If you’re like me and got into photography because of an inherent need to master a new (to you) skill, hoarding of equipment can occasionally be a problem. Gear acquisition syndrome can be difficult to overcome but thankfully I managed to get out the other side. I started with a digital camera I borrowed, then bought off the owner (cheers, Ross) and slowly upgraded until I had more kit than I really knew how to use properly.
The first problem I found was that I had “covered all of the bases”. I quickly learned that I did better work when forced to think more. Prime (fixed focal length) lenses helped that considerably. My zooms that I’d amassed became quickly redundant when I started concentrating on the feeling of the photograph rather than going the easiest route to a capture. I’d argue this would be the tipping point for me between snapshots and work I was proud of. Although they were mostly unused, they serve as backup and do help, especially once I wasn’t just the only one using my kit.
I don’t want this to come across as another “prime lenses are better than zoom lenses” rant, as it’s not. I’m more trying to get to the point that if things work for you, go with that. I know plenty of people who shoot their best work with zooms and others that shoot theirs with their “toy” cameras.
I’ve always tried to have a certain percentage of my kit reserved to being for play. It really helps me expand on what I’m comfortable with. I keep my core equipment as a base but have experimented with additions such as a tilt/shift or super telephoto. Every pocket camera that I’ve cycled through has fallen under this bracket (until I settled on the Ricoh GR) as well as every film camera I’ve owned. Playing with odd equipment makes photography feel new and interesting to me and that’s one of the ways I’ve found to stop it from getting stale.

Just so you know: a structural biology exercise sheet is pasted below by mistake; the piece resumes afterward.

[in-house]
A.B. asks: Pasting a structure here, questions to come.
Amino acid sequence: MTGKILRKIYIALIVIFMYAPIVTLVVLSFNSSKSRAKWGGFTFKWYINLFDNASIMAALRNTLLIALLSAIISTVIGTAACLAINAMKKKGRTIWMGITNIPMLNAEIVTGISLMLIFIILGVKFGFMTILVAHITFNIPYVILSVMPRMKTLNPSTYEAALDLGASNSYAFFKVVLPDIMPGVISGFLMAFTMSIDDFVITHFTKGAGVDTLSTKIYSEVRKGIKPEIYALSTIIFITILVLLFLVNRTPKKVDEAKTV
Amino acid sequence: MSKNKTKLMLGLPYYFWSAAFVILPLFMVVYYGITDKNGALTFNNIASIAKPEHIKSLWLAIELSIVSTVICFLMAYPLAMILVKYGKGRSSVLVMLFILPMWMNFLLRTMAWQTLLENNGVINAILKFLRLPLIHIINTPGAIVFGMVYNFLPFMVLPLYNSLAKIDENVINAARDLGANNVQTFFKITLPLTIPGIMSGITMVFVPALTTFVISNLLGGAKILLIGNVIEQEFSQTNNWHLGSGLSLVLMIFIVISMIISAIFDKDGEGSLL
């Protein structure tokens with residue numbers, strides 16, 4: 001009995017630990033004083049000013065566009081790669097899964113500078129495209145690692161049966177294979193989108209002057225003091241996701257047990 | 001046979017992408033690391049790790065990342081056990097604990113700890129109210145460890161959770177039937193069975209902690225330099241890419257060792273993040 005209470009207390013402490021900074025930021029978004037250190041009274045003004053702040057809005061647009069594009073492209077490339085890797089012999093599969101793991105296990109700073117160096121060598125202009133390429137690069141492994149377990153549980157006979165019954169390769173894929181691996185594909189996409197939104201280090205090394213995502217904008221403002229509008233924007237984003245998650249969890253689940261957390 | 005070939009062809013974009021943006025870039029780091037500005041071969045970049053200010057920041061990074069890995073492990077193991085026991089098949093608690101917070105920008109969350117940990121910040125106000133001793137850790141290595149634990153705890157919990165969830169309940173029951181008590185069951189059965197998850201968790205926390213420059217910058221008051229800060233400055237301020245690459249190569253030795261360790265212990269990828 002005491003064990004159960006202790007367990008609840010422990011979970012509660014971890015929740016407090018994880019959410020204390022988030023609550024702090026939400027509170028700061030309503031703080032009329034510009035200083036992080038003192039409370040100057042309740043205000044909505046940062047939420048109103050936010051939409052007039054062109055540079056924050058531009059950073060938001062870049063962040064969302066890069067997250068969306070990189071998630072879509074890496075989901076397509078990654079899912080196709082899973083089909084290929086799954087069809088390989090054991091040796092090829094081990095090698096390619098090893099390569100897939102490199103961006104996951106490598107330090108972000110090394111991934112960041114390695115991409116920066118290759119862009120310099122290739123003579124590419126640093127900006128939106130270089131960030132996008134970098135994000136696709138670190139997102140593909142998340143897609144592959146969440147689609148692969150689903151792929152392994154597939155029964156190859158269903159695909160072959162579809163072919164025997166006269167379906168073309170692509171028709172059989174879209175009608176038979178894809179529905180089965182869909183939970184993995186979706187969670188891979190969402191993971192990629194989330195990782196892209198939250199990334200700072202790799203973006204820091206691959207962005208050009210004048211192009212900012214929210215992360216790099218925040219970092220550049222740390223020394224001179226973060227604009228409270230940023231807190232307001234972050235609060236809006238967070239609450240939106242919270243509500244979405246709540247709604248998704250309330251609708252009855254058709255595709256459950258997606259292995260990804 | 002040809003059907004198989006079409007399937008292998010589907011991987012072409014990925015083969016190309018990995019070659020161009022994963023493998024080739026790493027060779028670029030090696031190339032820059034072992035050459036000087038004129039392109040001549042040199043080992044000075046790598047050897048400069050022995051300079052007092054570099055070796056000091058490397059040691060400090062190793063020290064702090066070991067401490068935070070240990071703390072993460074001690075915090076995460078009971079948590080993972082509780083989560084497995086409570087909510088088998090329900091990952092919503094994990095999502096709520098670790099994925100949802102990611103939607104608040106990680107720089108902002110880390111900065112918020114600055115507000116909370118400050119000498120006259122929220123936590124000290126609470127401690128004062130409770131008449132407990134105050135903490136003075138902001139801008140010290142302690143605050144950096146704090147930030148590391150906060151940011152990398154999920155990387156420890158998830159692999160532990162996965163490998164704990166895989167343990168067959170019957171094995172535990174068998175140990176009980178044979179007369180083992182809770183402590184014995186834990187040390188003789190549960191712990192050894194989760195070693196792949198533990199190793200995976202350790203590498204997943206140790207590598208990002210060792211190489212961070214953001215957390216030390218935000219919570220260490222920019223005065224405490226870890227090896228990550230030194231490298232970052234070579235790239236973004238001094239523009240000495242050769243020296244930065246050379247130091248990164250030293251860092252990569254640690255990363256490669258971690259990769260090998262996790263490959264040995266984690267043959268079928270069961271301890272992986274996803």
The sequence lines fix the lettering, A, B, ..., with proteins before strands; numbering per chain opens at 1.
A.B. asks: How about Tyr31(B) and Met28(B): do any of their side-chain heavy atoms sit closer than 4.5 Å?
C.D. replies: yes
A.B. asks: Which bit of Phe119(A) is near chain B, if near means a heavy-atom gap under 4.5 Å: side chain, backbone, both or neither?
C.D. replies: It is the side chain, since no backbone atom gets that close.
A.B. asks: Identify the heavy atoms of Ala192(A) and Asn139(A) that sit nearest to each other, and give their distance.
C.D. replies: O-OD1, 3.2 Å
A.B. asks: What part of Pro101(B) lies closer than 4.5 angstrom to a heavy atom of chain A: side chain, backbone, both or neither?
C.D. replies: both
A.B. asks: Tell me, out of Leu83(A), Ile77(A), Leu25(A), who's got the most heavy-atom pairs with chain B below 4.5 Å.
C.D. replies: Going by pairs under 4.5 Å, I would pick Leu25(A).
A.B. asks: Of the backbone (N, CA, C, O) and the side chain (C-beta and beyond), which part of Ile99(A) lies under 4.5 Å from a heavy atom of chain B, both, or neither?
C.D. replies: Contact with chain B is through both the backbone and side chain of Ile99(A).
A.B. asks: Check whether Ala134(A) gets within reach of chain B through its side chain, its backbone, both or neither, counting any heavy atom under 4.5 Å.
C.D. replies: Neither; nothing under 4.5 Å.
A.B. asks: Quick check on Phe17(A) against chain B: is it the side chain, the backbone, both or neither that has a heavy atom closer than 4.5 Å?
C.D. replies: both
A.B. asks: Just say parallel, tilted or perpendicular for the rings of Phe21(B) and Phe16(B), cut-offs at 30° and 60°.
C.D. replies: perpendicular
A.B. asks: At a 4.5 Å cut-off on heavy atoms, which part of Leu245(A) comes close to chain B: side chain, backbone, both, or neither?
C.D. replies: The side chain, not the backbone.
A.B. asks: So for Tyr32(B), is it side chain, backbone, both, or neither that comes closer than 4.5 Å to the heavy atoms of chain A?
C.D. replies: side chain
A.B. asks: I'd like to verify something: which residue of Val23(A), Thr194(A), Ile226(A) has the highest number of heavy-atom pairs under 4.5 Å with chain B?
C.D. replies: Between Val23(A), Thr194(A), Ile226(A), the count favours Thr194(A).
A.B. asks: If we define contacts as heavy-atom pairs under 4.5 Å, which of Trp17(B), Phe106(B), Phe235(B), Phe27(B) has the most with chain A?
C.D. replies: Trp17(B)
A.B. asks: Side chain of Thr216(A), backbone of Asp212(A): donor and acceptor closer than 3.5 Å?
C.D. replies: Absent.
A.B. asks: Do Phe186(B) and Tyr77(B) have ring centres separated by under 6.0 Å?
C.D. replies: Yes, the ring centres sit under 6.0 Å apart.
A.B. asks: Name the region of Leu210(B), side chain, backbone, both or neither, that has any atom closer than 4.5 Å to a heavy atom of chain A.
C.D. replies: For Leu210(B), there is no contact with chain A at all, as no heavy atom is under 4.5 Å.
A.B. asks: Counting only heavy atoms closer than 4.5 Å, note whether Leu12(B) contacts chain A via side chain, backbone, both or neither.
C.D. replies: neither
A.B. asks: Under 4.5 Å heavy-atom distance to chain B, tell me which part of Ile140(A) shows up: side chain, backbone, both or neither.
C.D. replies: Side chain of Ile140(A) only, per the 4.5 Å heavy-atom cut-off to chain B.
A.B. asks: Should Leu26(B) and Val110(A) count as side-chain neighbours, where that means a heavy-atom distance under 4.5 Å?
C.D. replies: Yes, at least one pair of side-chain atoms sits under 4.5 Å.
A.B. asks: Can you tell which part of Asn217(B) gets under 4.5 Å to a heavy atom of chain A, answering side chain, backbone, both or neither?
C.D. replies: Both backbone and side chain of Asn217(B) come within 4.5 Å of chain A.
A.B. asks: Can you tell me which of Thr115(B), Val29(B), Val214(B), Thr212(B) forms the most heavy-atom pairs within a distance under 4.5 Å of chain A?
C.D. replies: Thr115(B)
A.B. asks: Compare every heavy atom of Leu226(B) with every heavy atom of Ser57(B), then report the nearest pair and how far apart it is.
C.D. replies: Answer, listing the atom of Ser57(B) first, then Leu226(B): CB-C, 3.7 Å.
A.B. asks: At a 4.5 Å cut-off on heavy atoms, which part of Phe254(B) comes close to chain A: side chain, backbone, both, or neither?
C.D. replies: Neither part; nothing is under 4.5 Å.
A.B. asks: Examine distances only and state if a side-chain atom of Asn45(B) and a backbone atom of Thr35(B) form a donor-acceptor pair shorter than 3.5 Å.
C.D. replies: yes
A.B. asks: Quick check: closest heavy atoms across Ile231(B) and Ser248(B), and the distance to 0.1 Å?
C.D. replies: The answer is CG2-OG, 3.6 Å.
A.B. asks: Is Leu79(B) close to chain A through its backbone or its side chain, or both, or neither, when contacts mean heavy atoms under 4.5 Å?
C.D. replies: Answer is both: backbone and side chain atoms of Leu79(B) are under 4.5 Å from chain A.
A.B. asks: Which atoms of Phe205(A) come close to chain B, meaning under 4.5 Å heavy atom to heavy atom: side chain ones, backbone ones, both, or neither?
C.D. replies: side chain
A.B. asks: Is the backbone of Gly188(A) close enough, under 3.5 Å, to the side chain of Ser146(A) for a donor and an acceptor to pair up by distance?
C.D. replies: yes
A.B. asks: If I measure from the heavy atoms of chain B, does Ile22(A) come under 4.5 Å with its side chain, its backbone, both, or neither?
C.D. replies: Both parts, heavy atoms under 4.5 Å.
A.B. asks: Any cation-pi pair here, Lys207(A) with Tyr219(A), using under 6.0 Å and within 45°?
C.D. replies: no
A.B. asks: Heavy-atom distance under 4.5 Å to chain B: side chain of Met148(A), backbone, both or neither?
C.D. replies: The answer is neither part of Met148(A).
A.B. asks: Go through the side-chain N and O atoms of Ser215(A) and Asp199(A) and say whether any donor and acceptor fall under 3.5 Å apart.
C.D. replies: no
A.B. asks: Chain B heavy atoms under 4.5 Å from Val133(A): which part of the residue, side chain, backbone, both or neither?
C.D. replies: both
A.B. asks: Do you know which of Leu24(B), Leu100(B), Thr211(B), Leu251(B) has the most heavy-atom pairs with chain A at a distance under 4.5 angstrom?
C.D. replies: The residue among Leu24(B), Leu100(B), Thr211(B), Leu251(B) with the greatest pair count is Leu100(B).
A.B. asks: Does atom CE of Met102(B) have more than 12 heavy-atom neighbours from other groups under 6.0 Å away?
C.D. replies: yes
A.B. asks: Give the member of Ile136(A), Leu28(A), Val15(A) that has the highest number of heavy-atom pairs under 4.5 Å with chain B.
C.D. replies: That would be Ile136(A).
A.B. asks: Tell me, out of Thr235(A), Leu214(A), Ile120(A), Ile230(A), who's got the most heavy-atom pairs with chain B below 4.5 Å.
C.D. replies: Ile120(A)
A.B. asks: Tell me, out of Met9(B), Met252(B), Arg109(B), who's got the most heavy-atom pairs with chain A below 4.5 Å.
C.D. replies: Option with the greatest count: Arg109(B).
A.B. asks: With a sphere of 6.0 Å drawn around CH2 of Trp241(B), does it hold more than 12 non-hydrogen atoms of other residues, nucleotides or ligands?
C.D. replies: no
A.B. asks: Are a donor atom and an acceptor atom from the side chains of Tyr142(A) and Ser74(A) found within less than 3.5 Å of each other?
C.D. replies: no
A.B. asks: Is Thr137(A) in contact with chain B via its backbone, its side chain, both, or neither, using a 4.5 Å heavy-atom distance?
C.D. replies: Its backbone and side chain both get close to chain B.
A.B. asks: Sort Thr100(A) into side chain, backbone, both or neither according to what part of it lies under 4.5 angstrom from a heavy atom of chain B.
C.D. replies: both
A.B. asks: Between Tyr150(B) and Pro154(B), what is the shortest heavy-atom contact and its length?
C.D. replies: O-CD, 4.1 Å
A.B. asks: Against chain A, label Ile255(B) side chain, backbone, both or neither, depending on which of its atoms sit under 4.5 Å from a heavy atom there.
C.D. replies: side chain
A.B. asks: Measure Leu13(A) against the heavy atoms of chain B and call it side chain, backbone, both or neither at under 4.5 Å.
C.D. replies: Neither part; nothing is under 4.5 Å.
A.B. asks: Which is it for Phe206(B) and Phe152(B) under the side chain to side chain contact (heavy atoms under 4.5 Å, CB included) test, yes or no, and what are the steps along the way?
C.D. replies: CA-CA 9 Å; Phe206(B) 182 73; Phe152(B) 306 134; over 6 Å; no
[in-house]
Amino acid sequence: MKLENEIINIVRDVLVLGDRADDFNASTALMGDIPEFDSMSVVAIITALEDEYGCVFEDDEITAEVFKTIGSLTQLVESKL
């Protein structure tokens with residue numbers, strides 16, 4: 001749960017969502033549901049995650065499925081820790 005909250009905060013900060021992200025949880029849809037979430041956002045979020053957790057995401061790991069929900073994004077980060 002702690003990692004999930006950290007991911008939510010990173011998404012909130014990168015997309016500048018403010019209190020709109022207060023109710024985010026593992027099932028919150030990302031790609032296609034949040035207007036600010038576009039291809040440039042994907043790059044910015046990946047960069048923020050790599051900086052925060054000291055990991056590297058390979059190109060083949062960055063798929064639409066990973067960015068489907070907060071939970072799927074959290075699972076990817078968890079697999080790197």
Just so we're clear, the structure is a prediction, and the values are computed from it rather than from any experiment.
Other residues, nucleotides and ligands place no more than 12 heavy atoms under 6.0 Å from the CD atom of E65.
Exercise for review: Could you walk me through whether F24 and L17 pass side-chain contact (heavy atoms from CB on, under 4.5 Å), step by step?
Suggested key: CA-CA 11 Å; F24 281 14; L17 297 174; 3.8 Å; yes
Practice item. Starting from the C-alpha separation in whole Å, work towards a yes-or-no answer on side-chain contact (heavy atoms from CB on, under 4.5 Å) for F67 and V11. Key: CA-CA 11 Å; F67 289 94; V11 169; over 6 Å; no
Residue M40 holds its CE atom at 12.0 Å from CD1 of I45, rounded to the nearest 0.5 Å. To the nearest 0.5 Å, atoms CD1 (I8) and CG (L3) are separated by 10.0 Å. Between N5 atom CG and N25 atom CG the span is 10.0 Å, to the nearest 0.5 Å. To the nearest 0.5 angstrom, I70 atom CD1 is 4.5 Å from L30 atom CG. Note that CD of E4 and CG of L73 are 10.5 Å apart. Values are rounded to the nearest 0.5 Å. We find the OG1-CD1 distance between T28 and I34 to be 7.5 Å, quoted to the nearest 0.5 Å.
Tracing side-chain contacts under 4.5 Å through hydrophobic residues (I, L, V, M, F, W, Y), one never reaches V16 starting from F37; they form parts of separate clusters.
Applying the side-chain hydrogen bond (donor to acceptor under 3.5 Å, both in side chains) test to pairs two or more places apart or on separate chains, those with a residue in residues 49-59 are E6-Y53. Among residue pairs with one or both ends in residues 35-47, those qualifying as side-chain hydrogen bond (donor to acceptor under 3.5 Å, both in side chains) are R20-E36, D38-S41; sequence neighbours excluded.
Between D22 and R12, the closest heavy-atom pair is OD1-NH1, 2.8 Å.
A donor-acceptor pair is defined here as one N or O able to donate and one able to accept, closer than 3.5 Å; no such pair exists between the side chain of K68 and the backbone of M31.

I moved through kit based on how much cash was tied up in any specific addition to the roster versus how much use it got. Sentimental kit stuck. I have had pangs to repurchase occasionally but there’s usually been a good reason things haven’t stuck about. If you buy smart with “toy” camera equipment then it’s fairly easy to break even or thereabouts. I bought the 45mm tilt/shift because I wanted some autonomy for a college class that covered architectural photography. When I looked into rentals for the time period that I’d be wanting to use the lens for, I quickly realised that buying it was a better prospect.
The hole that most people seem to dig themselves into with gear is thinking that X will make them produce better work and Y will let them book more clients. It’s a bit like a sunk cost fallacy, the more you sink into it the more you’re worthy of success, in love, life or any endeavour. I had a recent conversation with a friend who wanted to upgrade their camera to the latest and greatest (I won’t go naming names). He’s a lot like myself in this regard and is a total nerd. I can see a lot of myself a few years ago in how he’s acquiring both equipment but also ability.
This post has sat for a few weeks unfinished because I don’t really know if there’s anything to say in this space other than not to overdo your budget, photography is fine to play with as a hobby as well as a skill and to take what you want to from it whenever you feel like it.